Saturday, January 8, 2011

Fuel

Whirlwind day... that started at 3:00 a.m. There were good reasons for the wee hours wake-up call. In Texas, a forecast that so much as hints of snow or rain causes a run on the grocery for milk and bread. Those two items were at the top of my grocery list, so I rolled out of bed to shower and dress at dark o'clock. Running to the 24 hour market while the mister showered knowing that I prefer not to slide around on the roads drive in potentially icy conditions meant a cart full of the odds and ends that would make meals out of the sundry items in the pantry. Stops on the way home saw the car filled up with gas and donuts for the girls' breakfast in our absence. Finally, the car pulled up at home to unload the groceries and hit the road while the sky was still dark.
While saner people were snoozing snug in their beds, the two of us followed one highway until it met another taking us south. I pulled up our son's new address on my phone and watched as the blue dot that was our vehicle move in slow blips toward the red dot in it's unfamiliar location. Just after 9:00, we were sharing hugs with our Boy for the first time since December. The two hour visit passed quickly, and we departed too soon freeing up space for other visitors shuffling into the sterility of the communal space. We were fortunate to see him because he expects to move from his orientation on to a new location anytime after Tuesday. Again the reality of the unknown with the bonus of a roadside stop involving a sodium-soaked chicken sandwich with a side of greasy tater tots. And an ice cream cone.
Freed up from the tyranny of the grocery list (and a little sorry about the lunch choices and the leftover donut eaten on returning home before topping it off with a taste of ), a nap was in order once we made it back home. The mister nudged me back into consciousness just after 5:00 in the evening. Which was great, except that I had a meal to deliver between 5:30 and 6:00 for our recently bereaved friends, and the manicotti needed to bake for 45 minutes. Rushing down the stairs to pop the stuffed pasta shells into the oven, it was a race to get the salad fixings washed and prepped. Tossing everything into a bowl, the sudden knowledge of an item left off the grocery list carried the mister out the door while the crazed veggie slicing continued. He came through the door in time for the bread to go in the oven while the mozzarella slices were layered with the tomatoes sprinkled liberally with basil. The (teasing) text came across at 5 after 6:00, "Where's our food?"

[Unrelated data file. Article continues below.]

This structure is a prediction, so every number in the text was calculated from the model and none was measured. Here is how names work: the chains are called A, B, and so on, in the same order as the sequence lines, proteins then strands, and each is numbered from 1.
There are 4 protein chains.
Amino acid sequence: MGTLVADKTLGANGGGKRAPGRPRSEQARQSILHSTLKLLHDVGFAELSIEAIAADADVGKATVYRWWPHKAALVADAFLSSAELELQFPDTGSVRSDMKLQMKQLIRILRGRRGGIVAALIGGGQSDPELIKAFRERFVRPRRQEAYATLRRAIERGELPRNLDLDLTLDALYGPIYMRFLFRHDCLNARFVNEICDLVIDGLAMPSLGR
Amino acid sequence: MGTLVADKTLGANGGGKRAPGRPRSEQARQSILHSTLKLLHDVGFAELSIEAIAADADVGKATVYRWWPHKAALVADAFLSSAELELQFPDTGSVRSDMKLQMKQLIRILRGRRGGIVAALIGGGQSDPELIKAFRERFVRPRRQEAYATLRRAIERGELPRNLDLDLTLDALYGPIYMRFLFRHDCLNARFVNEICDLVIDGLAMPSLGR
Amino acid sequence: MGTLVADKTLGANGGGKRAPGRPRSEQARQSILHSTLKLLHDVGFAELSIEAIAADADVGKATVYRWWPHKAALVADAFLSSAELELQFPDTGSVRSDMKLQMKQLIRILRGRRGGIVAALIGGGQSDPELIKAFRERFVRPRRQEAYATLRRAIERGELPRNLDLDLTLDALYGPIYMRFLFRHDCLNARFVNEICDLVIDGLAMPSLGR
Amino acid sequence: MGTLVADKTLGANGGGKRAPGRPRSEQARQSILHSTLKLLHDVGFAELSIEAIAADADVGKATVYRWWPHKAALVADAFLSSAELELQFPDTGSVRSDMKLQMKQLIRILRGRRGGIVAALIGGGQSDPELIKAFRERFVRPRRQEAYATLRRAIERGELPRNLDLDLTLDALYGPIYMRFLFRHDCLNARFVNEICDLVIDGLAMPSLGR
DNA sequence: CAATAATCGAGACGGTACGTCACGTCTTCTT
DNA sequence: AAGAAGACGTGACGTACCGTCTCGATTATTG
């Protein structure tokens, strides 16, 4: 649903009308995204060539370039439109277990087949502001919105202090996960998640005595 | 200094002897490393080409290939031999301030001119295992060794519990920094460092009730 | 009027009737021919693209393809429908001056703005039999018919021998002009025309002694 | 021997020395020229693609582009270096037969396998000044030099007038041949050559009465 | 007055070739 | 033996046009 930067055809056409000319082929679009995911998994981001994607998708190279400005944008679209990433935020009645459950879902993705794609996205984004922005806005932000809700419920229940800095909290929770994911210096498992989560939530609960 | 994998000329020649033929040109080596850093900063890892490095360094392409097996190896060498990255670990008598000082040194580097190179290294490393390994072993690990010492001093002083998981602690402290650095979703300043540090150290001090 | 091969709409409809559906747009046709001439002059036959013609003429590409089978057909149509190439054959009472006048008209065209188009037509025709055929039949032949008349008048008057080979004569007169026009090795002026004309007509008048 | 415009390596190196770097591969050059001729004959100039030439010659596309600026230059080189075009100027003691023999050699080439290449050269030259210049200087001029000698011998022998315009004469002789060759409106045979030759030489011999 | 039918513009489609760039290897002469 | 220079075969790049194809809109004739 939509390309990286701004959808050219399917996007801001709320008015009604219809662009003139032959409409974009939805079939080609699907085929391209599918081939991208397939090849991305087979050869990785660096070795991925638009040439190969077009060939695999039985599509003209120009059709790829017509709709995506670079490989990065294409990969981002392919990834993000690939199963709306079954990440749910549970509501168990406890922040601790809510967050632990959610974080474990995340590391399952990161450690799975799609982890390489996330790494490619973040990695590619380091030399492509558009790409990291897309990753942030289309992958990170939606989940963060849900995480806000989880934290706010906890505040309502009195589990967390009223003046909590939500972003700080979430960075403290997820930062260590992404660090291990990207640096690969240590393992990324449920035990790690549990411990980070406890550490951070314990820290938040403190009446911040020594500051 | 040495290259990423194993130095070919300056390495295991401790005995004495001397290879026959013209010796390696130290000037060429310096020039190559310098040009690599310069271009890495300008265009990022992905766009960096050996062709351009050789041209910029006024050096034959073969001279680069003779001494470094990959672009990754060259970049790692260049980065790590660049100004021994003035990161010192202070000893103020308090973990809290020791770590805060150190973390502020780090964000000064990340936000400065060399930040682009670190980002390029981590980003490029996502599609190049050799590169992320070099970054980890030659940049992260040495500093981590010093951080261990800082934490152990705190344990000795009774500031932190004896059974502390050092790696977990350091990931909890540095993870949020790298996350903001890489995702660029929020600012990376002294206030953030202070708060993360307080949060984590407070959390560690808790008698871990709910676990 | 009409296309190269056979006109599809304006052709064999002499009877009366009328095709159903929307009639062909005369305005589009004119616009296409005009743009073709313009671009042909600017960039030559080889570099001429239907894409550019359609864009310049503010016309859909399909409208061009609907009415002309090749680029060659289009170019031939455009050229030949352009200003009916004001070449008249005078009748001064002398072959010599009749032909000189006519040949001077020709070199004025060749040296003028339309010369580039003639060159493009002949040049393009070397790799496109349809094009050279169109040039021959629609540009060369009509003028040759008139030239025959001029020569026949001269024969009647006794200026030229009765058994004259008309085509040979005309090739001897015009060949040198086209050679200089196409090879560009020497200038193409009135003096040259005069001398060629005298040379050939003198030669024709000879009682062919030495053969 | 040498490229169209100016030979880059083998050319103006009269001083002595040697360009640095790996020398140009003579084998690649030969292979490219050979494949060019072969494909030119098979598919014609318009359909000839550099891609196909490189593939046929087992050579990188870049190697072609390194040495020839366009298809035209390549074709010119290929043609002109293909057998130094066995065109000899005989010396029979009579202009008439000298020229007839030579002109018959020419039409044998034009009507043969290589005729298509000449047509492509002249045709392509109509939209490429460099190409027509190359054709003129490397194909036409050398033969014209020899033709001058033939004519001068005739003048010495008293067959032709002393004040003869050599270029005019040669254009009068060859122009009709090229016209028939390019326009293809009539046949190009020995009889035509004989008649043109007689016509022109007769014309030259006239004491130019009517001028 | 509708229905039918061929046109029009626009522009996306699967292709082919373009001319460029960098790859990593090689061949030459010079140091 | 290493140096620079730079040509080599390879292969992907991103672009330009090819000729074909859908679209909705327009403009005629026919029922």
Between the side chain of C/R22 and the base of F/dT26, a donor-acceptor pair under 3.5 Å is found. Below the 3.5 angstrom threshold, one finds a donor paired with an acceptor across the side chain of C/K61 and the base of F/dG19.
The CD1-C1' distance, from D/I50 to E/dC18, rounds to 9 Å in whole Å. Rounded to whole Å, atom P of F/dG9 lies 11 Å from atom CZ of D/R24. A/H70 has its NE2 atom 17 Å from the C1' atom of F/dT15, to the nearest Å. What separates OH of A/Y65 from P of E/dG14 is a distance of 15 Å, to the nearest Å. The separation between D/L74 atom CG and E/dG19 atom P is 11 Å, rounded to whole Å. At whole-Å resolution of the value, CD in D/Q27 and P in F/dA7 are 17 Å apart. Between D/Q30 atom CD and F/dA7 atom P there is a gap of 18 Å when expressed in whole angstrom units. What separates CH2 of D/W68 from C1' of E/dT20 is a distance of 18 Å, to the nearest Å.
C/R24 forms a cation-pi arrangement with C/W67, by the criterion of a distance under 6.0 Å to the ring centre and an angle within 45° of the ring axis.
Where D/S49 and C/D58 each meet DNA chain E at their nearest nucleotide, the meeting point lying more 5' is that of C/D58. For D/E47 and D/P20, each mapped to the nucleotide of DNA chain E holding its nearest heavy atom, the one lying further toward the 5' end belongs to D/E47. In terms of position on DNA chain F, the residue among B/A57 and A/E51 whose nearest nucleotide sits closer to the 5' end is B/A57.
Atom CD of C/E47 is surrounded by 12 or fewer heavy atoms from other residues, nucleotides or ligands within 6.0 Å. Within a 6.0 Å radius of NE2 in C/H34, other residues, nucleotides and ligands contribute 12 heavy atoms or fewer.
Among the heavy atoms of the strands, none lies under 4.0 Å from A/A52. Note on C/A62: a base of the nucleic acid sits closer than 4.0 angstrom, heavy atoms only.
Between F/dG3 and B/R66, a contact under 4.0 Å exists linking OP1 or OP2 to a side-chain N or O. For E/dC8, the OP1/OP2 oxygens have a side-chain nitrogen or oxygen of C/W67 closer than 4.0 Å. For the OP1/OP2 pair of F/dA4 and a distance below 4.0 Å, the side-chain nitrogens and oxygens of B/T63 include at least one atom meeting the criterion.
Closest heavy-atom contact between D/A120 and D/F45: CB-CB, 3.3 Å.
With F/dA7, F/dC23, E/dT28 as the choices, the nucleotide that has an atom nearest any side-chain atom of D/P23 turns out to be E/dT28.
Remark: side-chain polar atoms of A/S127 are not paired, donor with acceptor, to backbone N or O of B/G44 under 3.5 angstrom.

I called Lisa to inform her that her food was coming on Holly Time. Explaining about how the family's dinner fell behind because I was napping in the Land That Time Forgot, I promised we would be there soon. Only to realize there was no dessert. "Um. How important is dessert?" She informed me that someone making a condolence call had just dropped off the mother of all goody trays from a local bakery. Perfect. The dinner could be there in about ten minutes since there was no stopping to pick up a ready-made treat to top off the meal. Don and I drove over together since he had yet to make his condolence call.
We'd covered hundreds of miles to love on those dear to us over the course of the day. On our way home, the low fuel light lit up. We covered over 300 miles in the space of 13 hours seeing the sun rise from inside the car and remarking on the clouds coming in as it set with the pair of us again going down the road away from home. The car was running on fumes, but we were far from running on empty considering the blessing of so many loved ones with which we share our lives.

3 comments:

shelley said...

Thank you so much for dinner. We really enjoyed it!!! The comment was made during the eating, "that Holly is a good cook." Met with nods of approval. THANK YOU!!!!

Green Girl in Wisconsin said...

I'm really glad your visit went well--and that the meal ended up fine!

Fannie said...

Glad you got to see you son - however brief the meeting.